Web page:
Thirty Ways to Add More Fruits and Vegetables to Foods – Like Tacos, Burgers & Pizza for Healthy Eating

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The Society for Public Health Education says healthy eating is not just about what we eat, but also how we eat

30 ways to add fruits and vegetables to the foods people enjoy – like tacos, burgers and pizza.

"Studies show that people who develop healthy food habits are more likely to avoid illness, have more energy and lead active, enjoyable lives."

Fruits and vegetables provide vitamins, minerals, and fiber that people's bodies need to stay healthy. Eating more fruits and vegetables adds nutrients to diets, and reduces the risk for chronic diseases such as heart disease, stroke, and some cancers. Treating people with chronic diseases accounts for 86 percent of our nation’s healthcare costs.

Most people don't eat the recommended servings of fruit and vegetables each day but eating fruits and vegetables is a sound investment in long-term health, and can be a very inexpensive part of a healthy lifestyle.

The Society for Public Health Education is distributing an infographic listing 30 ways to add fruits and vegetables to the foods people enjoy – like tacos, burgers and pizza.

Fruits and vegetables provide great taste and nutrition, while adding variety to a person's diet. Most people don't eat the recommended servings of fruit and vegetables each day, but eating fruits and vegetables is a sound investment in long-term health, and can be a very inexpensive part of a healthy lifestyle. Adding more to a person's diet is easy when remembering to add fruits and vegetables to the foods they already eat. Join the millions of people who committed to a healthier lifestyle during Fruits and Vegetables More Matters® Month.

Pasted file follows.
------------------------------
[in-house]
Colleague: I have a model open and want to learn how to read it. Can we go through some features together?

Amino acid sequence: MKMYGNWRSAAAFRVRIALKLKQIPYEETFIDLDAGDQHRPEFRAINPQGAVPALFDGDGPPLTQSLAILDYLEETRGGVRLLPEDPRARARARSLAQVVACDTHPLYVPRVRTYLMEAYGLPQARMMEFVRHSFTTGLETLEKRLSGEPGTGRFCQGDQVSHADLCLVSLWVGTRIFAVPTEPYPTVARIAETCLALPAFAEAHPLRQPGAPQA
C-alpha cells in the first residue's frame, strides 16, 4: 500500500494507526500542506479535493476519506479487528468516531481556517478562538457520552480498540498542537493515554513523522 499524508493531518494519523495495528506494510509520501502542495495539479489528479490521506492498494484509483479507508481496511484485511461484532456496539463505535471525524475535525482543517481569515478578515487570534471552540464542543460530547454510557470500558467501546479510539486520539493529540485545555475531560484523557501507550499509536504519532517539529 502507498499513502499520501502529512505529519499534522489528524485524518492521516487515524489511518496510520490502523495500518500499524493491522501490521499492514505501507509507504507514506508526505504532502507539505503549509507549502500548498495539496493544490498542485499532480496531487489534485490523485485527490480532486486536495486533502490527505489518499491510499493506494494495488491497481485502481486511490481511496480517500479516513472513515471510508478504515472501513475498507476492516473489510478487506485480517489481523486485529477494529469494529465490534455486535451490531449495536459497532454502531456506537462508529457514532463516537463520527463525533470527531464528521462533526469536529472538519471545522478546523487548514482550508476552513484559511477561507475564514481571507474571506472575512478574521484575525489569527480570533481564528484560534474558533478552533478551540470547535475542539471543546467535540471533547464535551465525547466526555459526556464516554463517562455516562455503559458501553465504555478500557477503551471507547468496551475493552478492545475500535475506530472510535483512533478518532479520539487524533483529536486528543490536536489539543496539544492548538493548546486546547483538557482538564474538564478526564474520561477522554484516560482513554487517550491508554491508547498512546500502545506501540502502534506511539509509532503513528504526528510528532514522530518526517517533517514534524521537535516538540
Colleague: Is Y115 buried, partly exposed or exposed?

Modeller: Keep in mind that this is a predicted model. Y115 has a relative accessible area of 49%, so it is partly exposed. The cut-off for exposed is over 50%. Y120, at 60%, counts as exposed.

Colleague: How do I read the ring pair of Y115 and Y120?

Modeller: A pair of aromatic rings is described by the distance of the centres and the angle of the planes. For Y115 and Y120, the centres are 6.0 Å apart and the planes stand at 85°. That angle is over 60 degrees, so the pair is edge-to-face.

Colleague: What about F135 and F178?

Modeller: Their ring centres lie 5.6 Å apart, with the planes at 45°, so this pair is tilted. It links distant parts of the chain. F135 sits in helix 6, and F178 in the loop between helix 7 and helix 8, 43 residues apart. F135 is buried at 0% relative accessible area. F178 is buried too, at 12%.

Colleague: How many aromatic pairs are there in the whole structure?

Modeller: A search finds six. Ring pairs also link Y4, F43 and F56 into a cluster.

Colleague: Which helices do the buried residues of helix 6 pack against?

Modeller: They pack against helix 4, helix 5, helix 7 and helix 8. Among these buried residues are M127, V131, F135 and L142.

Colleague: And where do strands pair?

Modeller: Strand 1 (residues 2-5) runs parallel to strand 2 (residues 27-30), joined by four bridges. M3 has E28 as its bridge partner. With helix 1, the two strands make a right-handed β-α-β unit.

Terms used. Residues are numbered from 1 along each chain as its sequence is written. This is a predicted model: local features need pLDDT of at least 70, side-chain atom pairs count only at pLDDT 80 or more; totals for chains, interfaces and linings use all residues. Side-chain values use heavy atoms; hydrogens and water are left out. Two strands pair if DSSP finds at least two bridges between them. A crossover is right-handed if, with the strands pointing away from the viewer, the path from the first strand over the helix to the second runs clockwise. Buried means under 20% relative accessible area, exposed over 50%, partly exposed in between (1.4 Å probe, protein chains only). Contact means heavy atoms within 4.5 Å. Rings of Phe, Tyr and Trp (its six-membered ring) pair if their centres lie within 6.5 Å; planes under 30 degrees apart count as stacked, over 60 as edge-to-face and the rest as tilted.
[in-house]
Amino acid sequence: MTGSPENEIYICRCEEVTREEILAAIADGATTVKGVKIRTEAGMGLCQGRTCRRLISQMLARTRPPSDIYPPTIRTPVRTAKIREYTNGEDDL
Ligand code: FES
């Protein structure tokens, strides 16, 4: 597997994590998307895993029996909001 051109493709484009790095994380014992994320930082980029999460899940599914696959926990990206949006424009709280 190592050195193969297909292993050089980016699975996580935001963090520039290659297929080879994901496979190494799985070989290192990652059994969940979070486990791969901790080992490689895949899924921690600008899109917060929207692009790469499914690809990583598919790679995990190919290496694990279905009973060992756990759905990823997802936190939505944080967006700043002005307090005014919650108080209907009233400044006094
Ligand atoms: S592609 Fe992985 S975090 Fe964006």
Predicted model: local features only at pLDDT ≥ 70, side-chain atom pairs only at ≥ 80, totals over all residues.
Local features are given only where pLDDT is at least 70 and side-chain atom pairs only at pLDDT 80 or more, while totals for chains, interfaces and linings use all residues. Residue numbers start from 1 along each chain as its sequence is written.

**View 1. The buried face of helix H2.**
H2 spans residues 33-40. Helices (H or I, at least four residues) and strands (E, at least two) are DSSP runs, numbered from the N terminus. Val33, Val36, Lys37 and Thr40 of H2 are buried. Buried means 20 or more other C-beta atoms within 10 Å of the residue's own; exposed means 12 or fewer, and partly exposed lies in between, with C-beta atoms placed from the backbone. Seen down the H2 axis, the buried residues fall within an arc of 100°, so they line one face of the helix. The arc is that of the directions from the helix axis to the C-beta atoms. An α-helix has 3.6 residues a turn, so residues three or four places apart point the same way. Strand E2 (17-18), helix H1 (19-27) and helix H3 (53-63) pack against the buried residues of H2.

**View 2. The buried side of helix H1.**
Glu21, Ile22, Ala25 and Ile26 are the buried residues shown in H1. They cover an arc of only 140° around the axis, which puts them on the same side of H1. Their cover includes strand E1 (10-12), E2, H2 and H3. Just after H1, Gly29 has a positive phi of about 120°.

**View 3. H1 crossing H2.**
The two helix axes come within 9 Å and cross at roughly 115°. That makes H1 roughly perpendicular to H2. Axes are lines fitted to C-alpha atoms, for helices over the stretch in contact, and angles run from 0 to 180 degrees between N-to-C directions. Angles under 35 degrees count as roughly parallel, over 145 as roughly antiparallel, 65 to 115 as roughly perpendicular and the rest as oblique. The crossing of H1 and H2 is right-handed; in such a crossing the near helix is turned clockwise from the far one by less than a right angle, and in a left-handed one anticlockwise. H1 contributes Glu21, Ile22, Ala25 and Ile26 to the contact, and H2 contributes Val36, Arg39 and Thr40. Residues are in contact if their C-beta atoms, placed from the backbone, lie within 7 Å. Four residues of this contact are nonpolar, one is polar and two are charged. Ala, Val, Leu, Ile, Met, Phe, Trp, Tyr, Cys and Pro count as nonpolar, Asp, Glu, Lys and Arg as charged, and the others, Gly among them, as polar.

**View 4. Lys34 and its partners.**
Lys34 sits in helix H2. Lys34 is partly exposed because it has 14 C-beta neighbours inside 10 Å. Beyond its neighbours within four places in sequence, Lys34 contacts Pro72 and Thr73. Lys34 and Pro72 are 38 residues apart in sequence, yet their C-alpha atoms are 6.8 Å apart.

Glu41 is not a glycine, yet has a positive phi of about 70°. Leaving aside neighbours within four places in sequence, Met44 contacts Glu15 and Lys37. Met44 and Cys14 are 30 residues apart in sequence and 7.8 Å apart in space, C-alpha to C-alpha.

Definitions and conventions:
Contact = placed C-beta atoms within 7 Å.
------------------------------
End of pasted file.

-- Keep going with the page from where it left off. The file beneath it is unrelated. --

”Every step taken toward eating more fruits and vegetables and getting more physical activity helps everyone feel their best. Studies show that people who develop healthy food habits are more likely to avoid illness, have more energy and lead active, enjoyable lives,” said Elaine Auld, chief executive officer of the Society for Public Health Education (SOPHE).

To prevent chronic disease and encourage healthy lifestyle choices, the Centers for Disease Control and Prevention (CDC) funded a national partnership in 2014 of leading organizations working to improve the public’s health at the community level. Five national organizations, the American Heart Association/American Stroke Association, American Planning Association, Directors of Health Promotion and Education, National WIC Association and the Society for Public Health Education, are implementing this three-year program in 100 communities across the country in 37 states with $28 million in funding provided by the CDC.

“It’s about empowering people and communities. We want to help communities, families and individuals overcome the barriers to good health.” said Auld. “It’s about making healthy living easier where people live, learn, work, and play.”

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Infographic available: Download “justveggin”

Follow #Partnering4Health and #justveggin

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Brigitte Johnson, APR
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